Born in Boston, Currier studied initially with Samuel Gerry (1813–1891), George Fuller (1822–1884), and probably William Morris Hunt (1824–1879). He traveled to Europe in 1869 and first attended the Royal Academy in Antwerp, intending to study in Paris beginning in 1870. However, the outbreak of the Franco-Prussian War in July led him to Munich instead. He enrolled at the Royal Academy in January 1871 and studied painting under Georg Raab (1821–1885) and Alexander von Wagner (1838–1919). He quickly joined the American circle, and he and Duveneck became leaders of the group.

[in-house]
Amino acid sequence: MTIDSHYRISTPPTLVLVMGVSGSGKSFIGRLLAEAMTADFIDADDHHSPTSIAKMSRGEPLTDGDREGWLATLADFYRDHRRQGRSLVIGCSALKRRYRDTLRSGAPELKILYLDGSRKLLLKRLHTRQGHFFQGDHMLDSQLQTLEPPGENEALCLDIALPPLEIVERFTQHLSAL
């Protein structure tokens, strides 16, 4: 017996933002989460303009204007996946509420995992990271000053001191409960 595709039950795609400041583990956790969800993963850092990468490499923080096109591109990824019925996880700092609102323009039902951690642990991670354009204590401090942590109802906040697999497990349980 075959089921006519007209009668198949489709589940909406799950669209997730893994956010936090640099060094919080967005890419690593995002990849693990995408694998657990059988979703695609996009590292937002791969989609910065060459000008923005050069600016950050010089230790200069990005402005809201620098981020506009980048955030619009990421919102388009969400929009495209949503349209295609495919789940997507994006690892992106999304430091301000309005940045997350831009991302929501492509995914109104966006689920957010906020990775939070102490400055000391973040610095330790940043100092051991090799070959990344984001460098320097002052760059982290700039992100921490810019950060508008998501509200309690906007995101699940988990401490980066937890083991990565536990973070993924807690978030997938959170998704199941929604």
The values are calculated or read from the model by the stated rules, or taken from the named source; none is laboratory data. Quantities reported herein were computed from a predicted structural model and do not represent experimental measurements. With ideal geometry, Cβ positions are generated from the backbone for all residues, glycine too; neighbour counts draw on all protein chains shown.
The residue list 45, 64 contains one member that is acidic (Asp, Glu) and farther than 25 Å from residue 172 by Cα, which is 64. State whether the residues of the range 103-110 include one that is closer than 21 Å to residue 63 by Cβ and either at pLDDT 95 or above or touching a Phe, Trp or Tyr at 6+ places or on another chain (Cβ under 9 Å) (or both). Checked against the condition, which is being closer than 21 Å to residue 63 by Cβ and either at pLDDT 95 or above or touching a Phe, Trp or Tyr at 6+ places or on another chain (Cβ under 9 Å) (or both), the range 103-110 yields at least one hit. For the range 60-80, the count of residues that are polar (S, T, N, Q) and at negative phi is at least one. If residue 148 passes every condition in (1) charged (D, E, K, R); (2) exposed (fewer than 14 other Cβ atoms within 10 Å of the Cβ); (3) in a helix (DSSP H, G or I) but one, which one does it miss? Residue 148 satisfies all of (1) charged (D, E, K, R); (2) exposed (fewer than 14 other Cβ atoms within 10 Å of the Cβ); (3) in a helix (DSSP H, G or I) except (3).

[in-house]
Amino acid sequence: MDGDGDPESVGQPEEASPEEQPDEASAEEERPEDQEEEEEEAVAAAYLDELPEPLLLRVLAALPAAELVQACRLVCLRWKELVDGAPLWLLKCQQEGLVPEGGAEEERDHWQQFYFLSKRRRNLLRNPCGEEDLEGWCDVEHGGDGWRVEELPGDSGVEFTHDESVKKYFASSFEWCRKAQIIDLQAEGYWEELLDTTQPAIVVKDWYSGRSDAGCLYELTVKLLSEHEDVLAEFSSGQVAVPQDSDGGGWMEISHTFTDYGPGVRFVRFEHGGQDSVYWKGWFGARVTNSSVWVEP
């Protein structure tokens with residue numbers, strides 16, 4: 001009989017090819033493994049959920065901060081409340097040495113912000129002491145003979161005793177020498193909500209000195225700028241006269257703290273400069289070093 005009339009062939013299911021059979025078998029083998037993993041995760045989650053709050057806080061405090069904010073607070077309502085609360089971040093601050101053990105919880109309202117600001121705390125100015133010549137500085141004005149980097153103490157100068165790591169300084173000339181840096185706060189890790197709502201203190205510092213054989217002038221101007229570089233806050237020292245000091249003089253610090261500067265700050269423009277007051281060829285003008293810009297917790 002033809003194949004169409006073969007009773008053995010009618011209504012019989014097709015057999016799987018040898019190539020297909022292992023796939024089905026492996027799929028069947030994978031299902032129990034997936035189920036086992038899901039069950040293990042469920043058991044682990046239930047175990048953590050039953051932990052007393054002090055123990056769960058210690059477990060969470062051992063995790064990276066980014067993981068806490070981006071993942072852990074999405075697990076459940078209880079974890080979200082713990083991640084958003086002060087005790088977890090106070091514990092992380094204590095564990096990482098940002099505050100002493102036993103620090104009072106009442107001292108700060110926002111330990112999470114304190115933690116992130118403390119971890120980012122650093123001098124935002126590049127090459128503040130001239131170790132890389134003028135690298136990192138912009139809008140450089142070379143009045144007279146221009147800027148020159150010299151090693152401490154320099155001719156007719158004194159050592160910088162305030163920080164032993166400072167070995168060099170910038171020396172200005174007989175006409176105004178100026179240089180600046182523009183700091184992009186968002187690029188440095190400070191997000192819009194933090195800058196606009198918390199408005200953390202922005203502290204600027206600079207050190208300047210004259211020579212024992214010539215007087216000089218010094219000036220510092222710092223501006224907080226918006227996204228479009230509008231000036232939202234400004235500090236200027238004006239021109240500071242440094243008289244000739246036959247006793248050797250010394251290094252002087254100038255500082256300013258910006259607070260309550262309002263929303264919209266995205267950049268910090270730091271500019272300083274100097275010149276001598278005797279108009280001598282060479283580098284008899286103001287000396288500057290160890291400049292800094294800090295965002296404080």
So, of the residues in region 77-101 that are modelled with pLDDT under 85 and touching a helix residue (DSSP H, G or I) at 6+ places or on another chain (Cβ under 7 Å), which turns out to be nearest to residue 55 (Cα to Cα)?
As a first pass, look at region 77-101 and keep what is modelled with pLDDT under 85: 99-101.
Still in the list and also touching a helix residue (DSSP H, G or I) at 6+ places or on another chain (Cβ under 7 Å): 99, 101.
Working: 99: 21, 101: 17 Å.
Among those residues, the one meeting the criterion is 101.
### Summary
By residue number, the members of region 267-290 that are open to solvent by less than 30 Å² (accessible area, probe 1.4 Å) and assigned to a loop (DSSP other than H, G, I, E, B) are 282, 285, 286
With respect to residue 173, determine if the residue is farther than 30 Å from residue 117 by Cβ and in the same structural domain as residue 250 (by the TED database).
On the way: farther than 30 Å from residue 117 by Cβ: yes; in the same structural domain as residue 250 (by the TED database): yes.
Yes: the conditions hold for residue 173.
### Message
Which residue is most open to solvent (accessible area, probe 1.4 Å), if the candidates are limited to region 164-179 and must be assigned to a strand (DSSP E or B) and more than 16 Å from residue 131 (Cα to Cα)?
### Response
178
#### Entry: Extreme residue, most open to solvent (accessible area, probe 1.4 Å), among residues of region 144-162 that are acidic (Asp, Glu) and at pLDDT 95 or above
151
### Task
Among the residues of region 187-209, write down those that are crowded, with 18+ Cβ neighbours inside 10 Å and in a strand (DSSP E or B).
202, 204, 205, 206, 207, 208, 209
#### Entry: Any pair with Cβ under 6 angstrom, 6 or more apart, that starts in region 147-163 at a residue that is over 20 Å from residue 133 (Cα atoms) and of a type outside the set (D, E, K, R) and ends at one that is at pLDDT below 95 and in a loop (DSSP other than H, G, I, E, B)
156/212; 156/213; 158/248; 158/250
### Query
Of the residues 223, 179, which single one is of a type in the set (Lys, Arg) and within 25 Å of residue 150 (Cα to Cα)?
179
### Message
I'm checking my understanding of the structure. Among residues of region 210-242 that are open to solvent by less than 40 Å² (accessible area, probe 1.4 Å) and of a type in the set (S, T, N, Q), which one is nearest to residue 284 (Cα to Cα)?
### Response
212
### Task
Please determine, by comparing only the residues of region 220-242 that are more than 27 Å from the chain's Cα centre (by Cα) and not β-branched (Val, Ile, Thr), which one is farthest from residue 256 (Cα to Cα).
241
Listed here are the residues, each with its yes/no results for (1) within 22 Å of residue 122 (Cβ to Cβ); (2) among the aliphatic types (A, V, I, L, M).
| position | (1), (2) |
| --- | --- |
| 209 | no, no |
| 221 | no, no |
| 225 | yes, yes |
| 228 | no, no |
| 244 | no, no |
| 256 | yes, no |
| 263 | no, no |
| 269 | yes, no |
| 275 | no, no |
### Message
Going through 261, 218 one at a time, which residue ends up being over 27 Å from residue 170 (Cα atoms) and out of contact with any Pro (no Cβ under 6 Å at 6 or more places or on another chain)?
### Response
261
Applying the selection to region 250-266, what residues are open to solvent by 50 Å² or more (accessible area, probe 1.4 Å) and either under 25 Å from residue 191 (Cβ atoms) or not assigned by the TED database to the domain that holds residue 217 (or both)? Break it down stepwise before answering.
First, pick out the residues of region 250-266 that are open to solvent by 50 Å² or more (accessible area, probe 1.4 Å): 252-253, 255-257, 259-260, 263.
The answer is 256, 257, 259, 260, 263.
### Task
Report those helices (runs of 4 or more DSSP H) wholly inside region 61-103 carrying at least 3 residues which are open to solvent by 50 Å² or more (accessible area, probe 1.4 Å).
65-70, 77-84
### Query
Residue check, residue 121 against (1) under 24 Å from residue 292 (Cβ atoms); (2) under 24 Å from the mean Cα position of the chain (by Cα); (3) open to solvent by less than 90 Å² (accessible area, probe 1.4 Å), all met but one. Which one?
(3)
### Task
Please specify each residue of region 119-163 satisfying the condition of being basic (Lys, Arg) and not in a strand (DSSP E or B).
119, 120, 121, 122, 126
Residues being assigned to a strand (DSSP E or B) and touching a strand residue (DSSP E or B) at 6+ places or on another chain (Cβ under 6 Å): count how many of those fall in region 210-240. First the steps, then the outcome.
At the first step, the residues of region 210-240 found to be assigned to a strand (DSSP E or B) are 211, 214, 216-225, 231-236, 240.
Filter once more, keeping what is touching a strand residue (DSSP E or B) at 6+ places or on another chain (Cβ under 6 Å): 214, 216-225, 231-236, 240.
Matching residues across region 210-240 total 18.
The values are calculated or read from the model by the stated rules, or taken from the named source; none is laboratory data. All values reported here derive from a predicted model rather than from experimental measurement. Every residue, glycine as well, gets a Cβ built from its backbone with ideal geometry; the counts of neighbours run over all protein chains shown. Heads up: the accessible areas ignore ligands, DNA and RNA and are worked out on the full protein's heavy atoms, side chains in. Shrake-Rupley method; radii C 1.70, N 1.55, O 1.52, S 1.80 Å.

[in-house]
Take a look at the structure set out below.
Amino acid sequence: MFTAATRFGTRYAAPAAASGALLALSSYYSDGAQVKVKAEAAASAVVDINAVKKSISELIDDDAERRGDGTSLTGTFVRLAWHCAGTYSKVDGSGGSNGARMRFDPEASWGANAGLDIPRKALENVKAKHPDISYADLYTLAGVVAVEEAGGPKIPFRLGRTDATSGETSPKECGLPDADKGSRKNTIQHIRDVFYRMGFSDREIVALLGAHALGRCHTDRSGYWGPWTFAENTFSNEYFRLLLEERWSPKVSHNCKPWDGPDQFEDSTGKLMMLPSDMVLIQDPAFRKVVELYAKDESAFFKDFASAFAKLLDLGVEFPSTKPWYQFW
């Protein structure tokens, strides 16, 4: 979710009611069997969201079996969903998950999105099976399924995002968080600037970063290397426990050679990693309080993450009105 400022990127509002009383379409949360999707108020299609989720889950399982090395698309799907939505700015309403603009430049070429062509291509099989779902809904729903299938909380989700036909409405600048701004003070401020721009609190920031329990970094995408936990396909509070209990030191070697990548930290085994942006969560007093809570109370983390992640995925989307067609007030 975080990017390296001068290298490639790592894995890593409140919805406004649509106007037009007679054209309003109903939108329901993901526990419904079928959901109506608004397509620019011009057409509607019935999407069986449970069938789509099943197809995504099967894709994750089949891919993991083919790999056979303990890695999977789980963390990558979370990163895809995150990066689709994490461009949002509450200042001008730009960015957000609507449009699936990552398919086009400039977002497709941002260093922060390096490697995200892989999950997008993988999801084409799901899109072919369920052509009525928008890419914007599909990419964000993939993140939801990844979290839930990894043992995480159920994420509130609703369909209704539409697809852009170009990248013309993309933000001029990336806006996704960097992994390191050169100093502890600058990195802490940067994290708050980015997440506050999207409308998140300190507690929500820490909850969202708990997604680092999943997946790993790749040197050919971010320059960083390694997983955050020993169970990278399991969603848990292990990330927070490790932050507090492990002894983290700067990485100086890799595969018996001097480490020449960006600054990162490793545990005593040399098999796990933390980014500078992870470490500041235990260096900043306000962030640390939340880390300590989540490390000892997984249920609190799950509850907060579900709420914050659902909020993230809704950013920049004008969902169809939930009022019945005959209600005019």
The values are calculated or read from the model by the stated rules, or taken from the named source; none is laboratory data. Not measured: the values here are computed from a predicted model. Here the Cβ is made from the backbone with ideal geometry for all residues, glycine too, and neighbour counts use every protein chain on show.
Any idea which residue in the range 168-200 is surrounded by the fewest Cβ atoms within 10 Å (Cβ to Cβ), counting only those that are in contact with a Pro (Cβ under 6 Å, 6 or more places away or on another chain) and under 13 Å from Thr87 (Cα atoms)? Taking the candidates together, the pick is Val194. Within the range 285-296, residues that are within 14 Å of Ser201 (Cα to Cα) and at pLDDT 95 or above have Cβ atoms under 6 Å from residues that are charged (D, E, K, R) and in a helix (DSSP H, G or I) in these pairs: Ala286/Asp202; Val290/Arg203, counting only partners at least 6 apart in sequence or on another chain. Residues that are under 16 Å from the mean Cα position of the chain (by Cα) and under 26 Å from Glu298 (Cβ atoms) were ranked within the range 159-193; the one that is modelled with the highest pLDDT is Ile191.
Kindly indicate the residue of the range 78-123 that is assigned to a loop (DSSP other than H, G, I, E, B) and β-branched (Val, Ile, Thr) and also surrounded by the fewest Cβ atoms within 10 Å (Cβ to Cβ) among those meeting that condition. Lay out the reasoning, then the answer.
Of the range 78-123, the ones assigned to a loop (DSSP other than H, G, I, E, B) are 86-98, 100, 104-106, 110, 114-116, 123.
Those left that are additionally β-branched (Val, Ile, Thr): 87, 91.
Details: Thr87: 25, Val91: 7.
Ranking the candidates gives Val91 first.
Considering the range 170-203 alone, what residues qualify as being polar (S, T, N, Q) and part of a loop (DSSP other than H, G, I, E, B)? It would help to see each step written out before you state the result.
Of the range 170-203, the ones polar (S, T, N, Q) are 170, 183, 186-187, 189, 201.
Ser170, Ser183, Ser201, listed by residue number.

Currier’s approach, like that of the other American members of the Munich School, was based on a love for the process of painting and a desire to maintain the fresh, spontaneous power of the artist’s touch. When Currier first arrived in Munich, the most influential of the German teachers was Wilhelm Liebl (1844–1900), who promoted the technique of painting alla prima, that is, blending strokes of paint directly on the canvas while the surface remained wet.